COI Funded Project: A New Differential Pressure Data Logger for Measuring Fluid Flux Across the Sediment-Water Interface Exchange


Project Funded: 2005

Proposed Research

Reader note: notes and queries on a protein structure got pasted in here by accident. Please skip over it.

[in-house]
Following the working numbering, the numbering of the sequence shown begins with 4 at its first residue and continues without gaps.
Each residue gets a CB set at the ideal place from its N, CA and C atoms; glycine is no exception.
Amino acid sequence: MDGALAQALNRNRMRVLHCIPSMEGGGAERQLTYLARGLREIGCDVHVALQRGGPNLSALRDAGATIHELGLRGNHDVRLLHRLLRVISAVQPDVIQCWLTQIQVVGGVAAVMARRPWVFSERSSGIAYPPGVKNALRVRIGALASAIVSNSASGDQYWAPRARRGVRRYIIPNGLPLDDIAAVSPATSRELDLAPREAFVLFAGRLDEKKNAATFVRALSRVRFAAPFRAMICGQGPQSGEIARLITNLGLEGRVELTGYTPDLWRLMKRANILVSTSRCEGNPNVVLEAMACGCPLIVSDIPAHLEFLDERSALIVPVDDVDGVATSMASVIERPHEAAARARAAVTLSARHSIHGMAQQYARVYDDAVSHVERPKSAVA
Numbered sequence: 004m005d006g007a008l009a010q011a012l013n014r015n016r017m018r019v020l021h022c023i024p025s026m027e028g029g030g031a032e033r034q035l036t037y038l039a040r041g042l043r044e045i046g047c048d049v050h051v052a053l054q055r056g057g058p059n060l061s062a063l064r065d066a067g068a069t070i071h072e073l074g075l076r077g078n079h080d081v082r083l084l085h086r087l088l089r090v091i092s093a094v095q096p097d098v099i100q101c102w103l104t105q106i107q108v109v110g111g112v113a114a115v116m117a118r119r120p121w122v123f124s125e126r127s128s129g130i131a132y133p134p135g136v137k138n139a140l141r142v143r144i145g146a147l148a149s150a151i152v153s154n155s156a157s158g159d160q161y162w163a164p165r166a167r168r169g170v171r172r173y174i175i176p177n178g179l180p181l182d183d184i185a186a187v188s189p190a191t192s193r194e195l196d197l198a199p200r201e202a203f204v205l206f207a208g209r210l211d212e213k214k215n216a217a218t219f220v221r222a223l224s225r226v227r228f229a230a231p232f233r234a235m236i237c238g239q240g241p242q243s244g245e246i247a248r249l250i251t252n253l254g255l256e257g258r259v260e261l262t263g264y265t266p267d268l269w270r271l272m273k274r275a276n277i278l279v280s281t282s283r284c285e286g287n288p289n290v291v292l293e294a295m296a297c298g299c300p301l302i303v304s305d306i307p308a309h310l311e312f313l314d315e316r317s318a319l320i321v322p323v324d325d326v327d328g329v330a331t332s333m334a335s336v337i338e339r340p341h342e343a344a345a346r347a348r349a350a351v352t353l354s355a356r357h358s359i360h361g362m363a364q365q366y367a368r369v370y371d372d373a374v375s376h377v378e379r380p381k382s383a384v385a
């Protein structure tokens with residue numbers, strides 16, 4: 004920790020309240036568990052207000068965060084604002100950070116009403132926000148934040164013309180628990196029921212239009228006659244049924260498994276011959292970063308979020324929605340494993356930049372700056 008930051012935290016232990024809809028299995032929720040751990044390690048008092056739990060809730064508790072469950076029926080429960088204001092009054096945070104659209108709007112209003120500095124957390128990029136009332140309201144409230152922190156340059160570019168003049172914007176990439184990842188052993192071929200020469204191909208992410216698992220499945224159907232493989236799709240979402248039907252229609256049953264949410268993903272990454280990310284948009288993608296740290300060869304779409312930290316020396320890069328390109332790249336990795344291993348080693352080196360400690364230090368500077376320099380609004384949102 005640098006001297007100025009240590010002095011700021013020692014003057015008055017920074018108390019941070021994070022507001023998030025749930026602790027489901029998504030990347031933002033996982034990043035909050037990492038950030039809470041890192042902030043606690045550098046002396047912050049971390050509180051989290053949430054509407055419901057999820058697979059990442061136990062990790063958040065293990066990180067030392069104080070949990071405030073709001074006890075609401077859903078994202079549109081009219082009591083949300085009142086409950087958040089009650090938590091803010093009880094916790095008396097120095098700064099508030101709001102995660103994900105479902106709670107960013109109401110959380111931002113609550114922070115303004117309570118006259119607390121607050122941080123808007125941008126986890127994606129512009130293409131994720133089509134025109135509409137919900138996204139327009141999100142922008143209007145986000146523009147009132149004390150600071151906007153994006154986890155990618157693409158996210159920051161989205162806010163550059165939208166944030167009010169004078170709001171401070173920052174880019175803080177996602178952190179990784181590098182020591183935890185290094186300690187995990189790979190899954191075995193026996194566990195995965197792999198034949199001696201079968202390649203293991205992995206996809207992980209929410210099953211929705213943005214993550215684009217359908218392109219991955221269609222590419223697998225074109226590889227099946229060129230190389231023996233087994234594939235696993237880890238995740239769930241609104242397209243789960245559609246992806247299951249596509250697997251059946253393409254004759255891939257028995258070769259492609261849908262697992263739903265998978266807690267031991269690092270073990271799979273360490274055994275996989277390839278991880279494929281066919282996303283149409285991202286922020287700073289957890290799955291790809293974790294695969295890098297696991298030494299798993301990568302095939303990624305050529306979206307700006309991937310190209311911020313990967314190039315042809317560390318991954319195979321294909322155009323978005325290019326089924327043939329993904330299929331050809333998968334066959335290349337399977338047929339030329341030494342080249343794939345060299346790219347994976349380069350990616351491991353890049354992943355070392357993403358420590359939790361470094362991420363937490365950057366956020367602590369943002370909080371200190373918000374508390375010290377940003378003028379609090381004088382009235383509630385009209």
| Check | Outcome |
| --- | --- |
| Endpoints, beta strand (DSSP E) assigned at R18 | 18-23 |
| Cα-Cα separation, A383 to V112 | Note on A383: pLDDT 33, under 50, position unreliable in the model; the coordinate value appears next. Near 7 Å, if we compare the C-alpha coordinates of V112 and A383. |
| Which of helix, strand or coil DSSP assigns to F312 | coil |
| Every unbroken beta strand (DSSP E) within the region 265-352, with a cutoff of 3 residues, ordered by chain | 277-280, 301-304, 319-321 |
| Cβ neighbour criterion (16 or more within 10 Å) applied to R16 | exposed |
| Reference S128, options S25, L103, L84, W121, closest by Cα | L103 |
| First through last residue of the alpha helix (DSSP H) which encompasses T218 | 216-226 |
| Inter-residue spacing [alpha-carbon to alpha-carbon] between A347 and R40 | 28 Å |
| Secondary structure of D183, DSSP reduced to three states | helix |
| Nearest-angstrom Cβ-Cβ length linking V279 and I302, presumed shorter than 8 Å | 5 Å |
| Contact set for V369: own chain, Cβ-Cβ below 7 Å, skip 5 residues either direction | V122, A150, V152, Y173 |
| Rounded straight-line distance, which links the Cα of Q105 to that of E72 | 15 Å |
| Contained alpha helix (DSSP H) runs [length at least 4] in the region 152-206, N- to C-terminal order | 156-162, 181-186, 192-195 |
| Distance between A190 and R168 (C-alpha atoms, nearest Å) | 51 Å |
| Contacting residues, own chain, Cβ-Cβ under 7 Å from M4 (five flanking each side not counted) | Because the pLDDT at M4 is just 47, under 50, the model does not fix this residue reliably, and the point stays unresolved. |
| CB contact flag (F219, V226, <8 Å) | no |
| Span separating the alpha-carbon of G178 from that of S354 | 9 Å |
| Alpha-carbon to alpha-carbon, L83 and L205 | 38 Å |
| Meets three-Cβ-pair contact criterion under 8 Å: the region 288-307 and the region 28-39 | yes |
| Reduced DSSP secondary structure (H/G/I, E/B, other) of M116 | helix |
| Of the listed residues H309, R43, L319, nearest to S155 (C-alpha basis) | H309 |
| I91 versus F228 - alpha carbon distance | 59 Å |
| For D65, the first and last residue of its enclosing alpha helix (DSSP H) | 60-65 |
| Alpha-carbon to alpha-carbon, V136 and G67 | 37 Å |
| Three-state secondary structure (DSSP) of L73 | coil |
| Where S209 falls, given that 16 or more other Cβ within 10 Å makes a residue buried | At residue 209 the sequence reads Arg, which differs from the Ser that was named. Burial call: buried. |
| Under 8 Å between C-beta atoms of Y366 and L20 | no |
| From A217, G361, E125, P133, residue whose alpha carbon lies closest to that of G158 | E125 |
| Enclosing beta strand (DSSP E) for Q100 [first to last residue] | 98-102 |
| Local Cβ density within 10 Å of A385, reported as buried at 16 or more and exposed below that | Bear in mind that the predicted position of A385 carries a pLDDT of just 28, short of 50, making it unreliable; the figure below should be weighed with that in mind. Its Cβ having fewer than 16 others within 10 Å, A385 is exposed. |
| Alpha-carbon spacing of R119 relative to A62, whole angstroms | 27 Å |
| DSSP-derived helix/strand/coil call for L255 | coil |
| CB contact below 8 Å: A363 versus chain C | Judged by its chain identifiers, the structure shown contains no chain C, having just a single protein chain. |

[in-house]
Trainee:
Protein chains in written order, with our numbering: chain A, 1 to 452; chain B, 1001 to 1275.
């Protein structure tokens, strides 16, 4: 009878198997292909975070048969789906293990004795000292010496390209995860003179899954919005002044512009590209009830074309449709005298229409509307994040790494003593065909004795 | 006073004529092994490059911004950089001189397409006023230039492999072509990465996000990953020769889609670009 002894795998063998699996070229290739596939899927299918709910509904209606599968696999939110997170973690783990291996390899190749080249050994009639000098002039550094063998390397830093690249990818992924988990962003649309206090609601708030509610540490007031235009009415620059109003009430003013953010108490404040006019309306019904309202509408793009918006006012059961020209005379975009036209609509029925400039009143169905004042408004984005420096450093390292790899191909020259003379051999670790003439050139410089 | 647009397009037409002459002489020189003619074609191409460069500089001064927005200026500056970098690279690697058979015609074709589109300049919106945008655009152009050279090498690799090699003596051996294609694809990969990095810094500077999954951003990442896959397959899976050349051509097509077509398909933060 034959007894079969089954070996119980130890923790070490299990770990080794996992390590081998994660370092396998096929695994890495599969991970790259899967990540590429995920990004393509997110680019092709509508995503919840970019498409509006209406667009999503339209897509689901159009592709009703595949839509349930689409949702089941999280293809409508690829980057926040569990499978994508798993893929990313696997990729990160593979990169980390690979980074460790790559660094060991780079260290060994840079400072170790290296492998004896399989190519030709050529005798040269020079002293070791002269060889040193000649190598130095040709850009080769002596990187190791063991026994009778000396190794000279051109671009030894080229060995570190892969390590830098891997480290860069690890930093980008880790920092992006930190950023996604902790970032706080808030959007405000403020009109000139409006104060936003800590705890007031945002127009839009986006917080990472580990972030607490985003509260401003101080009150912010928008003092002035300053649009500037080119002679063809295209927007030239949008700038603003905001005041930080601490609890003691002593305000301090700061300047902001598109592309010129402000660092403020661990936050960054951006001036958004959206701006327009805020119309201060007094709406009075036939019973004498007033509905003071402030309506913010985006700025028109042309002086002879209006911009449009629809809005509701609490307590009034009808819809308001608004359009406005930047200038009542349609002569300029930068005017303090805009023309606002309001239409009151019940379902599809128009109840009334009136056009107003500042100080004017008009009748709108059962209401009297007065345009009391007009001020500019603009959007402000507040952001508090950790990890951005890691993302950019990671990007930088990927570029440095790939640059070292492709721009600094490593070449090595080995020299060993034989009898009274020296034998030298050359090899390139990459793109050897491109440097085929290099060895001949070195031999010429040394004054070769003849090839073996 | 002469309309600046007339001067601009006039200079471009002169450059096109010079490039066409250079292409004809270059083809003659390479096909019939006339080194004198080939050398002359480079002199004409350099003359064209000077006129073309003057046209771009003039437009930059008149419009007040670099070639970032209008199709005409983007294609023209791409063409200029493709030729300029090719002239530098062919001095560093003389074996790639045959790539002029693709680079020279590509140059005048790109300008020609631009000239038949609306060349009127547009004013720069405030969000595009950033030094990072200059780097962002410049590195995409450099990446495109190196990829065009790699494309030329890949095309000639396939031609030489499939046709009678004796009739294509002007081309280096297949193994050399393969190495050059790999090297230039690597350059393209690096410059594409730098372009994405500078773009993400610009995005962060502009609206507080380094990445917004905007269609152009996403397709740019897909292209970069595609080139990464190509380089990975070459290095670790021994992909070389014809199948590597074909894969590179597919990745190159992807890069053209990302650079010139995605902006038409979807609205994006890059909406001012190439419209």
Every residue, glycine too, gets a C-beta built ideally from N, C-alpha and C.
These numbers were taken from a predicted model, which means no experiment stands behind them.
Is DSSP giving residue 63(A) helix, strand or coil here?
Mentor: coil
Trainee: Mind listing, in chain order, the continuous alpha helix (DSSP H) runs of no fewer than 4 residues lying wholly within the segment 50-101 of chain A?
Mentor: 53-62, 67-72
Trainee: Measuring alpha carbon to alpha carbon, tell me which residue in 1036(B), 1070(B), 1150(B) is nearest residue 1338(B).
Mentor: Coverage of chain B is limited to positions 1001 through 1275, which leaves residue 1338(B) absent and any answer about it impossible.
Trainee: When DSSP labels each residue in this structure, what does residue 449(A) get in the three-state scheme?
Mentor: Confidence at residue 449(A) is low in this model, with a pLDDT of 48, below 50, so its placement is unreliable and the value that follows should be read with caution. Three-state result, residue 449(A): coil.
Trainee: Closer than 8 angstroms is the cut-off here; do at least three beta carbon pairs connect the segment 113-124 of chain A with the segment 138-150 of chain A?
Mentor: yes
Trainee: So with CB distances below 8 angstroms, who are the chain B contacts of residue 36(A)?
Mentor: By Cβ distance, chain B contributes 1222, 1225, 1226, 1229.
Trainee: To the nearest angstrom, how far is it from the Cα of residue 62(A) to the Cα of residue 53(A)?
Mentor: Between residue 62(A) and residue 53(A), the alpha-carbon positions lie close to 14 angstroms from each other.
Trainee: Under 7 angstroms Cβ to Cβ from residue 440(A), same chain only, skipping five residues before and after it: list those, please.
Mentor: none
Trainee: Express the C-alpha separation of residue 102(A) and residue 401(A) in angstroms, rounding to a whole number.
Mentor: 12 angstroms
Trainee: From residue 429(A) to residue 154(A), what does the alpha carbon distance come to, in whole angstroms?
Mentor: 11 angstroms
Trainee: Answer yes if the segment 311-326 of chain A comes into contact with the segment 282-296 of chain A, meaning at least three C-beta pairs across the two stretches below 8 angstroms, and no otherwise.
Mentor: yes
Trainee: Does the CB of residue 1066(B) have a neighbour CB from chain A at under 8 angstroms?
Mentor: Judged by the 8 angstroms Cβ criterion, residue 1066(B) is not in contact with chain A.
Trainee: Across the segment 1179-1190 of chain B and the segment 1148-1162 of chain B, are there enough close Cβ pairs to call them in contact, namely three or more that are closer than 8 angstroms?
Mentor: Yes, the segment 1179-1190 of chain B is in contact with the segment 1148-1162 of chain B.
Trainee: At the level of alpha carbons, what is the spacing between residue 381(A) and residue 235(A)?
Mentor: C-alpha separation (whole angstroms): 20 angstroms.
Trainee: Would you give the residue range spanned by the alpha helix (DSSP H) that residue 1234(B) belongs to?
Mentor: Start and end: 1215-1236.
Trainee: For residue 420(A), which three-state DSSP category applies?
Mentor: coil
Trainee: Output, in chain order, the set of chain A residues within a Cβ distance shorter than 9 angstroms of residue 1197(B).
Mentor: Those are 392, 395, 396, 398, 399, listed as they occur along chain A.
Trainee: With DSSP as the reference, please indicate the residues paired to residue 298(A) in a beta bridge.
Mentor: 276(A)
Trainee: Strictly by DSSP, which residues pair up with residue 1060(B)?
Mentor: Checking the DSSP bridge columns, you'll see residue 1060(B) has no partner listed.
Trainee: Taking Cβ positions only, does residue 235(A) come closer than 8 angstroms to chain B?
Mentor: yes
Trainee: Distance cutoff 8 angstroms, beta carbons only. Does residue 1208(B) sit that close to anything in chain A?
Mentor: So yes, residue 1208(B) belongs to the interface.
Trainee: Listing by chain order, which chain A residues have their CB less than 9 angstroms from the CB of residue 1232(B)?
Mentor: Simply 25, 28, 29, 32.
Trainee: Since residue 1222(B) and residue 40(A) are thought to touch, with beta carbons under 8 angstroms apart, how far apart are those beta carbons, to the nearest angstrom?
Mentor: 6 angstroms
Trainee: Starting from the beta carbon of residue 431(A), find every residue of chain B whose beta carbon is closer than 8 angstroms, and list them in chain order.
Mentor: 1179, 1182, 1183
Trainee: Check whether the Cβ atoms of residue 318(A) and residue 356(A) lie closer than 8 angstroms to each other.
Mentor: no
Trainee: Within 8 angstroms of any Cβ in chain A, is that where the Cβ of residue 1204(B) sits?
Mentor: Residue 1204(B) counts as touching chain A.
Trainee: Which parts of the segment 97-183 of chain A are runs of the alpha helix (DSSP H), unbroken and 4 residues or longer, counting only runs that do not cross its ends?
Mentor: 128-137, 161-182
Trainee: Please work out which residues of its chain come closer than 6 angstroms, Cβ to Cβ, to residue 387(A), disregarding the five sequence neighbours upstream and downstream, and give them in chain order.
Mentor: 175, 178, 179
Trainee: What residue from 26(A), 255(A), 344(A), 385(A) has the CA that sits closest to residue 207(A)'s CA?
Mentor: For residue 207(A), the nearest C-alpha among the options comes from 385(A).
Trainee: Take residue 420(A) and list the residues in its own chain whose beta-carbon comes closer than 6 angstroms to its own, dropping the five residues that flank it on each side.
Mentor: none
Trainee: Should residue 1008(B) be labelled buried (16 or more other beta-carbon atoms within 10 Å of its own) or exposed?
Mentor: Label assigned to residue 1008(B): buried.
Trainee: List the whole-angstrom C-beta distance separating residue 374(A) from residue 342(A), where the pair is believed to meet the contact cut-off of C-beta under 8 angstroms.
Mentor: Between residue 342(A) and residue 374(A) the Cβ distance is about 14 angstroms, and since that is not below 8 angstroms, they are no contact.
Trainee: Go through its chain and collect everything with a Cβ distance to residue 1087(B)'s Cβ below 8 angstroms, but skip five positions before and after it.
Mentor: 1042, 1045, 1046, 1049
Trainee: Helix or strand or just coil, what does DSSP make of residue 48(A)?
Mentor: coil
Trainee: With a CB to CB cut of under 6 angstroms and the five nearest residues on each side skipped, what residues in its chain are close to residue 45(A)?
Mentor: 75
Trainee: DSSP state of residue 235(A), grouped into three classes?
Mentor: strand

Seawater circulation through coastal sediments can have important impacts on geochemical cycling, the timing of geochemical fluxes to surface water, and the storage of freshwater in coastal aquifers. Recent studies have revealed a major uncertainty in seawater circulation across the sediment-water interface: although significant outflow of saline groundwater from sediments into the coastal ocean has been observed in many settings, comparable volumes of seawater inflow have not been measured. Clearly such inflow must occur, but the spatial and temporal characteristics of this inflow are poorly known and speculative. A new hypothesis to explain these observations suggests that a significant component of seawater circulation through coastal sediments occurs on a yearly time-scale that is driven by recharge to the terrestrial groundwater system (Michael et al., in review). As precipitation recharges aquifers, the water table rises and freshwater displaces saline water seaward, resulting in saline groundwater discharge (SGD). When recharge is reduced or negative, as might occur in regions with high summer-time evapotranspiration rates, the water table falls and seawater intrudes into the aquifer. This seasonal forcing hypothesis has recently been proposed and has not yet been tested in a thorough manner. Current technologies are insufficient for testing this hypothesis, which requires measuring SGD over a year, because of operational difficulties such as power and other maintenance requirements or well destruction by sea ice. We propose to develop a new data logger to overcome these difficulties that will measure differential pressure between sediment porewater and surface water from which we can infer water flow direction and velocity. This project consists of designing, building, and testing the new data logger. The new instrument will also be deployed for up to one year in Waquoit Bay , Massachusetts , to test the seasonal forcing hypothesis by observing if the tidally-averaged pressure gradient reverses direction during the year. This project will provide a useful tool for coastal hydrology and oceanography and will test a potentially major forcing mechanism in fluid exchange across the land-sea interface.